In the cockpit of a similar Boeing 777-200
00:42:05 MH370: “Departure Malaysian Three Seven Zero.”
00:42:10 Lumpur Approach: “Malaysian Three Seven Zero selamat pagi identified. Climb flight level one eight zero cancel SID turn right direct to IGARI.”
00:42:48 MH370: “Okay level one eight zero direct IGARI Malaysian one, err Three Seven Zero.”
00:42:52 Lumpur Approach: “Malaysian Three Seven Zero contact Lumpur Radar One Three Two Six good night.”
MH370: “Night One Three Two Six Malaysian Three Seven Zero.”
00:46:51 MH370: “Lumpur Control Malaysian Three Seven Zero.”
00:46:51 Lumpur Radar: “Malaysian Three Seven Zero Lumpur radar. Good Morning climb flight level two five zero.
00:46:54 MH370: “Morning level two five zero Malaysian Three Seven Zero.”
00:50:06 Lumpur Radar: “Malaysian Three Seven Zero climb flight level three five zero.”
00:50:09 MH370: “Flight level three five zero Malaysian Three Seven Zero.”
01:01:14 MH370: “Malaysian Three Seven Zero maintaining level three five zero.”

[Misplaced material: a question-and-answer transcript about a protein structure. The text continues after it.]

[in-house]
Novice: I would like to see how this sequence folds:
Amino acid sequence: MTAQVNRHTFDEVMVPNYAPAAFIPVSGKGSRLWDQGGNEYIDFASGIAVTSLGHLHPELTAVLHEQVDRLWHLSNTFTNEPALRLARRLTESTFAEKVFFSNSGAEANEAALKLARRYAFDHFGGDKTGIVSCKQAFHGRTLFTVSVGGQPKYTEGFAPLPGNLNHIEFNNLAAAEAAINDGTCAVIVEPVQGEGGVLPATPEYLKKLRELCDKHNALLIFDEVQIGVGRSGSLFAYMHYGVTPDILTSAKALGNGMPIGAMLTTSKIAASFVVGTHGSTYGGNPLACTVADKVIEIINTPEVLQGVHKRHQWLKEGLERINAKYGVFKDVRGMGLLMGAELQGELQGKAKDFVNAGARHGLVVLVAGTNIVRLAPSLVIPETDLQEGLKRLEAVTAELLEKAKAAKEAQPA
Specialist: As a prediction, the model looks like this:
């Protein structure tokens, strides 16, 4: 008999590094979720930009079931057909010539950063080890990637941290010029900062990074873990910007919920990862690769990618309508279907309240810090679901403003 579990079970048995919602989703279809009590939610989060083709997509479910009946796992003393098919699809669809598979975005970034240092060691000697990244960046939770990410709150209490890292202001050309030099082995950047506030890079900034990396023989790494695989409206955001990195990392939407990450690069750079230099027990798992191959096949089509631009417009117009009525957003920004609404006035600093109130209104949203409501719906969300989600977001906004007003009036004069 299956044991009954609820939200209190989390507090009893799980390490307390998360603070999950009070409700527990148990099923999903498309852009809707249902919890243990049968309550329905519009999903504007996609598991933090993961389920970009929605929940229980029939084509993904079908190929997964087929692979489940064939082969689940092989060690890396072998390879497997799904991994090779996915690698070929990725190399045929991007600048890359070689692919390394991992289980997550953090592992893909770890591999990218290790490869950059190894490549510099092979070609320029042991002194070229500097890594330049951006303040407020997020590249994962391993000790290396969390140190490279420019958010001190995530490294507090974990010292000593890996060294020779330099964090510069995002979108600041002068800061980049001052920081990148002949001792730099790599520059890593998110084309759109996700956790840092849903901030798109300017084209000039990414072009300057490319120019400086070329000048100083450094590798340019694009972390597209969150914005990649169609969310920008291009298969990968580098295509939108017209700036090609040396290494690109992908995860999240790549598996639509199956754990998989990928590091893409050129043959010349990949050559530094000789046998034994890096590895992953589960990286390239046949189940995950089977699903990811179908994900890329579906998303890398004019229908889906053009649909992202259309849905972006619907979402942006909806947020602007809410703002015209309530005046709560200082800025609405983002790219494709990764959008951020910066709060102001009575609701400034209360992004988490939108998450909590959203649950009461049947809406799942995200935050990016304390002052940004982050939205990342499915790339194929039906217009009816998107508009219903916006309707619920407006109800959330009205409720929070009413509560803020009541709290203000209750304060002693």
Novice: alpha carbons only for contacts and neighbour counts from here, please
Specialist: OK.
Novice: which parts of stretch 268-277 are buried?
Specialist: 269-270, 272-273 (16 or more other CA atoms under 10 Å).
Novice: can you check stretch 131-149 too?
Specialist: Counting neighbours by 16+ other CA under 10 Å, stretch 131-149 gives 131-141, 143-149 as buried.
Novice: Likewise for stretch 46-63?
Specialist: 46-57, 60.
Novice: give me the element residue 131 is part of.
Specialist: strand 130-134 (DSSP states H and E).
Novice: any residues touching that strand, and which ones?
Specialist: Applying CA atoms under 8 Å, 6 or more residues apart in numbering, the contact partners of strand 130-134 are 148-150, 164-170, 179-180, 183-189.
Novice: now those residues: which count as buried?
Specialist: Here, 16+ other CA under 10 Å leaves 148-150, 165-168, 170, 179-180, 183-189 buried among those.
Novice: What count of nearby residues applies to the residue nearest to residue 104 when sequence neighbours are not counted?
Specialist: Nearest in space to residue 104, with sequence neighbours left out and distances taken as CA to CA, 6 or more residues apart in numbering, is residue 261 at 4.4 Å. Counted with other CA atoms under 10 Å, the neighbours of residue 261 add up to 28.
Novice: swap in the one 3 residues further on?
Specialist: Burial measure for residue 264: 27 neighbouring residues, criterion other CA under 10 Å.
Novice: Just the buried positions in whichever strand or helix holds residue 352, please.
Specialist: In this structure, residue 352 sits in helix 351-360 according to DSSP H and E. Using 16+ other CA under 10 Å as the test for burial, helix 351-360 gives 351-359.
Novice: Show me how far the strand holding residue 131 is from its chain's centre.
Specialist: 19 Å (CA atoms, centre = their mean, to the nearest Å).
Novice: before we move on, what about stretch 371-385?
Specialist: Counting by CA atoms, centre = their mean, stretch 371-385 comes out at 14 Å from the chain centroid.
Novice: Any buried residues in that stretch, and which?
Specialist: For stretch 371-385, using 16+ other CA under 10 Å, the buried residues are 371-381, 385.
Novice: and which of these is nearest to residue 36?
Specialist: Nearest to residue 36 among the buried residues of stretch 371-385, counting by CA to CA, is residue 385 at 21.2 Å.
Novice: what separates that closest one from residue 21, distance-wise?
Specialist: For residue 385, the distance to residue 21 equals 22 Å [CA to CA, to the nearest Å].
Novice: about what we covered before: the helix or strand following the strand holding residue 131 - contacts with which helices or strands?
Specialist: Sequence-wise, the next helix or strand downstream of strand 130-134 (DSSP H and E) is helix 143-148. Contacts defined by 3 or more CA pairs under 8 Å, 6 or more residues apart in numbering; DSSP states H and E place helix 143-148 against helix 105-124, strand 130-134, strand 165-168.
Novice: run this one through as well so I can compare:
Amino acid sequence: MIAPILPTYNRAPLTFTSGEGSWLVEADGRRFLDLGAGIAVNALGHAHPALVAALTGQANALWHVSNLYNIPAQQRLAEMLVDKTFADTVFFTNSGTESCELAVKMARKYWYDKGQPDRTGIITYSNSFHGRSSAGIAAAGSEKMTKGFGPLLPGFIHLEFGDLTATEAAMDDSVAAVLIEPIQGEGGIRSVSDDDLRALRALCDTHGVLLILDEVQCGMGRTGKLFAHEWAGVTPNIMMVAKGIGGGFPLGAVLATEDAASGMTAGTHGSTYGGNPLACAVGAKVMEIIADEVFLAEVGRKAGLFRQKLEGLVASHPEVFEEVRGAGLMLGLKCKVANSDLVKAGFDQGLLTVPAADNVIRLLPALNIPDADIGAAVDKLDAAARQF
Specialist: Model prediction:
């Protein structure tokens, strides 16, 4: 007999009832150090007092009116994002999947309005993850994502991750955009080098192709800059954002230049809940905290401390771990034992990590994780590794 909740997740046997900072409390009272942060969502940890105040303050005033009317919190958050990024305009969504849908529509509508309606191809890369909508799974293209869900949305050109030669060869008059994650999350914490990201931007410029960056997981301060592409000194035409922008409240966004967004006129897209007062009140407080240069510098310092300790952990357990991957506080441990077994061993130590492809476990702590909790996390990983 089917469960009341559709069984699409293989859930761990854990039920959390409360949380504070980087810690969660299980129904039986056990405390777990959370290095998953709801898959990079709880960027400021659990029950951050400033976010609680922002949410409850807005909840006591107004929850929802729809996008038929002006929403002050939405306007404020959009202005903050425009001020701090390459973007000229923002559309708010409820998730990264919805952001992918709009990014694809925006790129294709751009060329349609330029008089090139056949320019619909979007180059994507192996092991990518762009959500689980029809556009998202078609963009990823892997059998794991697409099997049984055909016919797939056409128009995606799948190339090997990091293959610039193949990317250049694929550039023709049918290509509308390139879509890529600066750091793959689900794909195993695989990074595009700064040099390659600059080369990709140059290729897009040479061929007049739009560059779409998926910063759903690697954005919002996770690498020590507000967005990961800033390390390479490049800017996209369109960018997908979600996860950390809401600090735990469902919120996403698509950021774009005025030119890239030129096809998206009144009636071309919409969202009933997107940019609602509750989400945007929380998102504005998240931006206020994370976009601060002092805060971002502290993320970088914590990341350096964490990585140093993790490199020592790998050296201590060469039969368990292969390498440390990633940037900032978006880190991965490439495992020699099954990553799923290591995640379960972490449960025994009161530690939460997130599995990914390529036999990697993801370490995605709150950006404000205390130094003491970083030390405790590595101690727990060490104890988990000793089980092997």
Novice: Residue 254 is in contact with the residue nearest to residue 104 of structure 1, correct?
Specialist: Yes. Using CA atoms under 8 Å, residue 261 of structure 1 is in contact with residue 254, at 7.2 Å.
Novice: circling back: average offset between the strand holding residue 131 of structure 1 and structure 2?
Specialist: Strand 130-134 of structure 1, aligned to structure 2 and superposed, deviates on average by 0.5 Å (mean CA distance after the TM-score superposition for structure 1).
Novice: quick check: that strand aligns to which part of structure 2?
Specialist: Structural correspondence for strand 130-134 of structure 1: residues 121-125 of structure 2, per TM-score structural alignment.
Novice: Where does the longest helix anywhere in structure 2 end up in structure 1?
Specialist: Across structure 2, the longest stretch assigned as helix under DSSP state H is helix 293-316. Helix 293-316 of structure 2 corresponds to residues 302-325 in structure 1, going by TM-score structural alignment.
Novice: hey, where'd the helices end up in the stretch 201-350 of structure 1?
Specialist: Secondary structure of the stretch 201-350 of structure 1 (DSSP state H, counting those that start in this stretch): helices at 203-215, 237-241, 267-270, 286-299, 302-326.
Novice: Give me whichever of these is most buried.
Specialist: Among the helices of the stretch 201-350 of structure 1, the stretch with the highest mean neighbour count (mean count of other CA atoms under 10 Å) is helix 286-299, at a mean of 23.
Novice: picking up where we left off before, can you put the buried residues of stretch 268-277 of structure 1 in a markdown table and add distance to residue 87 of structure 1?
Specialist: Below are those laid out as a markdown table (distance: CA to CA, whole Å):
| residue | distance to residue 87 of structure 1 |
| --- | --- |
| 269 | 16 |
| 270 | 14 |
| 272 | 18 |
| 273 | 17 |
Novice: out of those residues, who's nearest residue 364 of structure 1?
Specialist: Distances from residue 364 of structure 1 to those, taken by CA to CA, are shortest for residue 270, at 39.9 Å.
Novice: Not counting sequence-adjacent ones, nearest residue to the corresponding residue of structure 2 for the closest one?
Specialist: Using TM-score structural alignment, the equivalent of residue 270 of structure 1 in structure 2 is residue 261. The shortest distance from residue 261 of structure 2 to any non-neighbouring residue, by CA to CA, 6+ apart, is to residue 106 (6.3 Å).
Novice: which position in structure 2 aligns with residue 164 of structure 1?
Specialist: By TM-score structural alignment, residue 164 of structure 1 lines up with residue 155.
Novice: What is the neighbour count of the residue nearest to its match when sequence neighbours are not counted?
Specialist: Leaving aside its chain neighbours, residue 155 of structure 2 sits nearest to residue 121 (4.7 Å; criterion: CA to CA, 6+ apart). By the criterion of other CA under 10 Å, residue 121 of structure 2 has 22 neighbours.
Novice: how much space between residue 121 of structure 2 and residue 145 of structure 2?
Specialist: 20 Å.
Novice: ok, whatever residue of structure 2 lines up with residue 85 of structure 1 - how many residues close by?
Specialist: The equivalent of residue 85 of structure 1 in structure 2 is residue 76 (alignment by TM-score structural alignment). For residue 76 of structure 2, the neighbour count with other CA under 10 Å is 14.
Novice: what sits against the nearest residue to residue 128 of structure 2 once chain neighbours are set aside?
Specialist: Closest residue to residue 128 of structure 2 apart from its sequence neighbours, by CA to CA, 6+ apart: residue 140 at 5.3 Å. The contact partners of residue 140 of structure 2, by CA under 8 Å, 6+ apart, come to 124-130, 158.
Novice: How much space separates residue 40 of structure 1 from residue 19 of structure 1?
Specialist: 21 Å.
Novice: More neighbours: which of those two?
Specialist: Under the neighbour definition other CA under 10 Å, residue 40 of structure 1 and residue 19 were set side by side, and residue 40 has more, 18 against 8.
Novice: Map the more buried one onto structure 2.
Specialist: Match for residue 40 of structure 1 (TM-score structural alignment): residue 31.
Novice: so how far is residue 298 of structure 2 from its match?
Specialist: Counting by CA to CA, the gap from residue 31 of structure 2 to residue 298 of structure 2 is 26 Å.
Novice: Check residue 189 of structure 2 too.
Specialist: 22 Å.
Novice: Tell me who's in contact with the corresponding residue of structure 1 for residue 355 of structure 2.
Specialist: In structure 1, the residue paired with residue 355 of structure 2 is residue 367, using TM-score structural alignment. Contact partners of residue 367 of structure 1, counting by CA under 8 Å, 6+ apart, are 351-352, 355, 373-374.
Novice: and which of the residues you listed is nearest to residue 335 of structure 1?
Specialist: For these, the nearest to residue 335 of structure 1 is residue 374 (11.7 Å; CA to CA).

01:01:19 Lumpur Radar: “Malaysian Three Seven Zero.”
01:07 Routine ACARS transmission of data showed MH370 to be flying at 35,000 feet at Mach .82 and with 43,800 kilos of fuel remaining. The next ACARS transmission was due at 01:37 but no further ACARS transmissions were received from MH370.
01:07:55 MH370: “Malaysian…Three Seven Zero maintaining level three five zero.”
01:08:00 Lumpur Radar: “Malaysian Three Seven Zero.”
01:19:24 Lumpur Radar: “Malaysian Three Seven Zero contact Ho Chi Minh One Two Zero decimal Niner Good Night.”
01:19:29 MH370: “Good Night Malaysian Three Seven Zero.”
Approximate location of MH370 at 01:19 and planned route.